Making Sure The Children Are Taken Care Of After A Divorce: 3 Terms And Clauses To Include In A Child Support Agreement

Raising a child until they're an adult is not easy nor is it cheap. Studies estimate that it will cost $233,610 to raise a child born in 2015. If you're getting a divorce from your spouse, the least you can do is make sure that your child will be financially supported through the means of child support. Drafting up a flexible and reasonable child support agreement during the divorce is absolutely essential and crucial. Your divorce attorney will want to confirm that all of the specifics have been outlined. In particular, they might want to talk to you about including the following 3 terms and clauses in your child support agreement.

Cost-of-Living-Adjustment Clause to Account for Inflation Over the Years

Cost of living will increase throughout the years. If your child is still young, there's still a long way ahead to go. Due to this reason, the amount of child support that you receive now may not have the same value years down the road. It's usually wise to include a cost-of-living-adjustment clause that will account for inflation. Your divorce attorney will want to discuss with you whether the amount of child support will increase after several years or will be calculated based on the rate of inflation.

Extended Child Support If Child Attend Post-Secondary Institution

It's not unusual for parents to offer continual support should their child decide to attend a post-secondary institution in hopes of furthering their education. In these situations, you and your former spouse will need to come to an agreement in regards to how much financial support you are both willing to provide in those scenarios. It's best to have all agreement written down to avoid arguments or disagreements in the future. For example, you might decide to pay for half of your child's tuition and your spouse might agree to cover the other half plus the cost of textbooks since the child is not living with them.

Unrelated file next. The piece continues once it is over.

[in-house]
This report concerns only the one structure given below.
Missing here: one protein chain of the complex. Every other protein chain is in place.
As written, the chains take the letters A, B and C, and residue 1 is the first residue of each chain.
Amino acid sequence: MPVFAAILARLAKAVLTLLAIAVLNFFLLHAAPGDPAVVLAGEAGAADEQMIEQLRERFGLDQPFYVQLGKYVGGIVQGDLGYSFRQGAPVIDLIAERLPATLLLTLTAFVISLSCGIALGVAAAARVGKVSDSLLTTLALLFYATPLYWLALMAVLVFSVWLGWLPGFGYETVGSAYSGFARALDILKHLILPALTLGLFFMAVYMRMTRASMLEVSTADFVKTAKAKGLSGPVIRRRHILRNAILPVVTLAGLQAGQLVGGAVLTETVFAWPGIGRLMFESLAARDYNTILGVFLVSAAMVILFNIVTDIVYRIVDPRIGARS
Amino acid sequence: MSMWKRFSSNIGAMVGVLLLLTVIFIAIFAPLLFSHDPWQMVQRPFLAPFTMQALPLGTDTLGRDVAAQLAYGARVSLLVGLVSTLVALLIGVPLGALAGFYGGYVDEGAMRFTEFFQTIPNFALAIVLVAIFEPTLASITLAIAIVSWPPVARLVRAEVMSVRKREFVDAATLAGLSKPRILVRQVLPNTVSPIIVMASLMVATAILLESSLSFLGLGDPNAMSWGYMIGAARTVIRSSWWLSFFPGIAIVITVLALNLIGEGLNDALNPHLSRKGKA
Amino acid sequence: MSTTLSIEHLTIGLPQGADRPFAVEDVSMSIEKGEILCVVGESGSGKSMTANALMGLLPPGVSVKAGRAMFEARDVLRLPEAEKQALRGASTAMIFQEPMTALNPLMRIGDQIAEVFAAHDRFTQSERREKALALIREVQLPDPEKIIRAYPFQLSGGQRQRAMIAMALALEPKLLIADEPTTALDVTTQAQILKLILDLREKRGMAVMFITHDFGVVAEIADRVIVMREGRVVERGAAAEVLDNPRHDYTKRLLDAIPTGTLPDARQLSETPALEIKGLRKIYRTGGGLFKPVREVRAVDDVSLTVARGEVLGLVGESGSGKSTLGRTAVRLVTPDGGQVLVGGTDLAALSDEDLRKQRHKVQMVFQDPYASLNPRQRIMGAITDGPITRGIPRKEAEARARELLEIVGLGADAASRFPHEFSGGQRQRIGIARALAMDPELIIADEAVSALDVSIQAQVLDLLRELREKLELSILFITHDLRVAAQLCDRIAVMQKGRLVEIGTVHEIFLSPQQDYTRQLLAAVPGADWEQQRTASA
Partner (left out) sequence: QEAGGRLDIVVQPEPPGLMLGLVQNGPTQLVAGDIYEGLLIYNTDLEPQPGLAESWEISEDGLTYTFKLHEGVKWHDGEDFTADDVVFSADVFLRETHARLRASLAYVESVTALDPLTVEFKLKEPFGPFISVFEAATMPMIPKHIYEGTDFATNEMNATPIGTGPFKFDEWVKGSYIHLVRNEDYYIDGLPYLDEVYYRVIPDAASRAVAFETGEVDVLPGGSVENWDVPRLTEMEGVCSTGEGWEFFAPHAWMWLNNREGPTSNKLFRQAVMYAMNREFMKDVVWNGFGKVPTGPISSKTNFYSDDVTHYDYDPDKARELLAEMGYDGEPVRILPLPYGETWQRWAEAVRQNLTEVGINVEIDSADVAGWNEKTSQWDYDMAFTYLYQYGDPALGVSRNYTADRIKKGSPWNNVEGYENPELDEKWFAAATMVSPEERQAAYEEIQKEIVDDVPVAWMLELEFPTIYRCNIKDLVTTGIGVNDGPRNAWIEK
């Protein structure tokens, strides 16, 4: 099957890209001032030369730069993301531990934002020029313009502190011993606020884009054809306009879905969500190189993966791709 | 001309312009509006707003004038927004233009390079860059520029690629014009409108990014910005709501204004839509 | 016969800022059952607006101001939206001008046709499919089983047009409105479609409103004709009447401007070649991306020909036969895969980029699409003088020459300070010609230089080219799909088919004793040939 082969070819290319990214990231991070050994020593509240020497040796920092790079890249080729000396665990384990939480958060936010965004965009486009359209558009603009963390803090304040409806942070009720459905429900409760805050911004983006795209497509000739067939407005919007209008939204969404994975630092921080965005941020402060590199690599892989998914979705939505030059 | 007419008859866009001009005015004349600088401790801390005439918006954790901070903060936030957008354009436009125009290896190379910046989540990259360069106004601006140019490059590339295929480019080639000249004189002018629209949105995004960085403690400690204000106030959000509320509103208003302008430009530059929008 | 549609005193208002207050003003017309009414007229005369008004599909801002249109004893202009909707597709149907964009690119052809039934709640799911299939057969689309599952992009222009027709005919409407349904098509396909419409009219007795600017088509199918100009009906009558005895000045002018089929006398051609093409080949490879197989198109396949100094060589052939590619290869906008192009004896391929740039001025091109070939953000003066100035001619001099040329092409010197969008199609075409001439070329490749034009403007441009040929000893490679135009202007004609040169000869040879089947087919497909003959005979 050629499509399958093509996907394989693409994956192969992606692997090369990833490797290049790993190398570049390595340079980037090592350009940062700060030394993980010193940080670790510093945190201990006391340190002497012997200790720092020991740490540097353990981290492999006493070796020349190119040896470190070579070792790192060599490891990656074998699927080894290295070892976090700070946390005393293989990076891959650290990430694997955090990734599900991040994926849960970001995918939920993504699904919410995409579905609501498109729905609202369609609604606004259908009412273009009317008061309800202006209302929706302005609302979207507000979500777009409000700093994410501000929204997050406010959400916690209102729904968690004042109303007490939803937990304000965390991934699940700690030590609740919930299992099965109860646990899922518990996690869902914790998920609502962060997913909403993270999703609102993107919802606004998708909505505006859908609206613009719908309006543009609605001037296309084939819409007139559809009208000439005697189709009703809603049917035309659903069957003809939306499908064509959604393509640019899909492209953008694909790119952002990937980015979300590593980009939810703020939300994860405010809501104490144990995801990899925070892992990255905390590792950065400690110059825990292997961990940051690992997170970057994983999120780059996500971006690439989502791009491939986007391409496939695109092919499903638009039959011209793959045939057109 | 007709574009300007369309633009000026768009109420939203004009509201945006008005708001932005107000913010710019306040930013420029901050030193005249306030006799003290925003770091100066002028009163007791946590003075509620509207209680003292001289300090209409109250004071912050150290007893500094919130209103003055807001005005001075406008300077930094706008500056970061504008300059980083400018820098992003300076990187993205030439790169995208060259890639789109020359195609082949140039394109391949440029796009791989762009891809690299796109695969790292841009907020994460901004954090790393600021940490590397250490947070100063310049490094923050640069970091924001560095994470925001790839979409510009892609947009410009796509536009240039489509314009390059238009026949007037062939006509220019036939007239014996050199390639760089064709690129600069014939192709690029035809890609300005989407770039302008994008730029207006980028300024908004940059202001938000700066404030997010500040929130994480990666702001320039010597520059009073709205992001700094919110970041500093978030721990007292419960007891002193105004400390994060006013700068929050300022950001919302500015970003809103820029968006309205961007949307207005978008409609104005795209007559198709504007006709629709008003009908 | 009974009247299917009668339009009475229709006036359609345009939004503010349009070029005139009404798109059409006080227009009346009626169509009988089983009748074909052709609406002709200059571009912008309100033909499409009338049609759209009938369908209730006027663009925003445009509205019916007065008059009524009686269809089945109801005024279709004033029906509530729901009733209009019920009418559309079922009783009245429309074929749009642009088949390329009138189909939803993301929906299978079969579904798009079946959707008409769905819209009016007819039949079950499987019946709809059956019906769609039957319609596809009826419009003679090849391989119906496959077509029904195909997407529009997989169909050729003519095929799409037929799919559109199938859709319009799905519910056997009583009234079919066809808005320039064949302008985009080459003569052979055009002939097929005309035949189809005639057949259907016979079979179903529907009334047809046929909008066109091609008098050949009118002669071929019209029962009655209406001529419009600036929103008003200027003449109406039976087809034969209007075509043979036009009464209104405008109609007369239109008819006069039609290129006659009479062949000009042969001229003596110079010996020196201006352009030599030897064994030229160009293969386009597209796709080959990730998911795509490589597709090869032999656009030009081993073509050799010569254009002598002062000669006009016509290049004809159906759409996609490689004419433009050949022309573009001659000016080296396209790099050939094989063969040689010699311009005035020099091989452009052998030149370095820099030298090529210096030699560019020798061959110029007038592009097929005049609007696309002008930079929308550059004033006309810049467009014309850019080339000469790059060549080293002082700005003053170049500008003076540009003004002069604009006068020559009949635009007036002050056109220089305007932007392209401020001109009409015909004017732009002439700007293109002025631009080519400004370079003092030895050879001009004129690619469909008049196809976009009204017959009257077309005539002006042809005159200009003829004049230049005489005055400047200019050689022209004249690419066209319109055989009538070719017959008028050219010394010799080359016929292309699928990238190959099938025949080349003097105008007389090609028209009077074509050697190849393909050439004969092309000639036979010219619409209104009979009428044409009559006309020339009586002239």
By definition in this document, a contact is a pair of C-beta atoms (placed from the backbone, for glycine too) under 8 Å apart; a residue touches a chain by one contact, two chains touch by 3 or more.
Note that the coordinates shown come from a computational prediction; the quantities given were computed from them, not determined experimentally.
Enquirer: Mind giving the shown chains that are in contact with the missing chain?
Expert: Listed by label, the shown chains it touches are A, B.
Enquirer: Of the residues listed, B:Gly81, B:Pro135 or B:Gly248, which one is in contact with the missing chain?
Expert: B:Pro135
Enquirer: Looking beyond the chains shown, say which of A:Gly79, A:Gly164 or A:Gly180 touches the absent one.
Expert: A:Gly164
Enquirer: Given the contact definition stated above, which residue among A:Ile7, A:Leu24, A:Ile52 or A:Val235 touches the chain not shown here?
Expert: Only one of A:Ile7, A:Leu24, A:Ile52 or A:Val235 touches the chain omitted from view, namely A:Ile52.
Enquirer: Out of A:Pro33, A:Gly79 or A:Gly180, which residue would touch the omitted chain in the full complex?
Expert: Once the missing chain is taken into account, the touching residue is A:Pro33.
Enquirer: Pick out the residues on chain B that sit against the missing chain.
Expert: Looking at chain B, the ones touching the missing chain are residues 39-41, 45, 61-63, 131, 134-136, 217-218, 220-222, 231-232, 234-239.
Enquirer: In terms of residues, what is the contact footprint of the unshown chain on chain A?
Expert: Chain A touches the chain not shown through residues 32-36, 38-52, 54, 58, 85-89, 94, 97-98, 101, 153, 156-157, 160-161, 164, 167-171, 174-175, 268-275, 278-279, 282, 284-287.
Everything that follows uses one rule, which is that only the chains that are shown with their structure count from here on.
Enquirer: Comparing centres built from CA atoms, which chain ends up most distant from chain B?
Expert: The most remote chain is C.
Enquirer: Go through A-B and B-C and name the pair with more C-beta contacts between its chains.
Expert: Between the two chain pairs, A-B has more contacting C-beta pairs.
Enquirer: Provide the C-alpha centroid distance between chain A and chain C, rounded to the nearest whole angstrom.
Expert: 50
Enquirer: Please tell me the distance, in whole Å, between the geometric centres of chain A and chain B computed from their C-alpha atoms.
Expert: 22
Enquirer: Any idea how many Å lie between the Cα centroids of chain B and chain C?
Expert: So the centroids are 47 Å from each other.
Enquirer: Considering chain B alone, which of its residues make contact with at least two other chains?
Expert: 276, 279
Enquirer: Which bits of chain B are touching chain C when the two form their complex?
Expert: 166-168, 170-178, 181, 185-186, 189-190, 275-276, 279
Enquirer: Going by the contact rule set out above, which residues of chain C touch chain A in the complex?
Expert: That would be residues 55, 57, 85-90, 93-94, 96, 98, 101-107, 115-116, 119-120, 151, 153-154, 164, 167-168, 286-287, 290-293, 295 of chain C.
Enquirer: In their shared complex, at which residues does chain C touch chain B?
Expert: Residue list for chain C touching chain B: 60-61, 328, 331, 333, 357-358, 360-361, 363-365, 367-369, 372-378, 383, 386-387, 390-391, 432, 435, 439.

Terms for Collecting and Calculating Unexpected Costs or Costs of Extracurricular Activities

Child support is not necessarily a set number. It may fluctuate based on the type of additional expenses that your child incurs. For example, if your child decides to participate in an extracurricular activity, you can share the cost of paying for additional classes and even the cost of gas with your former spouse. Define how these additional costs will calculated and collected. For example, consider whether you will send a monthly invoice to your former spouse or whether you will send them a bill at the end of the year. Your former spouse might just agree to pay extra child support in order to avoid the hassle.

You can contact an attorney at for more information about specifying terms in the agreement. If you have sole custody or primary custody over the child, don't hesitate or feel embarrassed to bring up your concerns with a divorce attorney. Your primary concern should be to make sure that your child will be taken care of and remain unaffected by the divorce.

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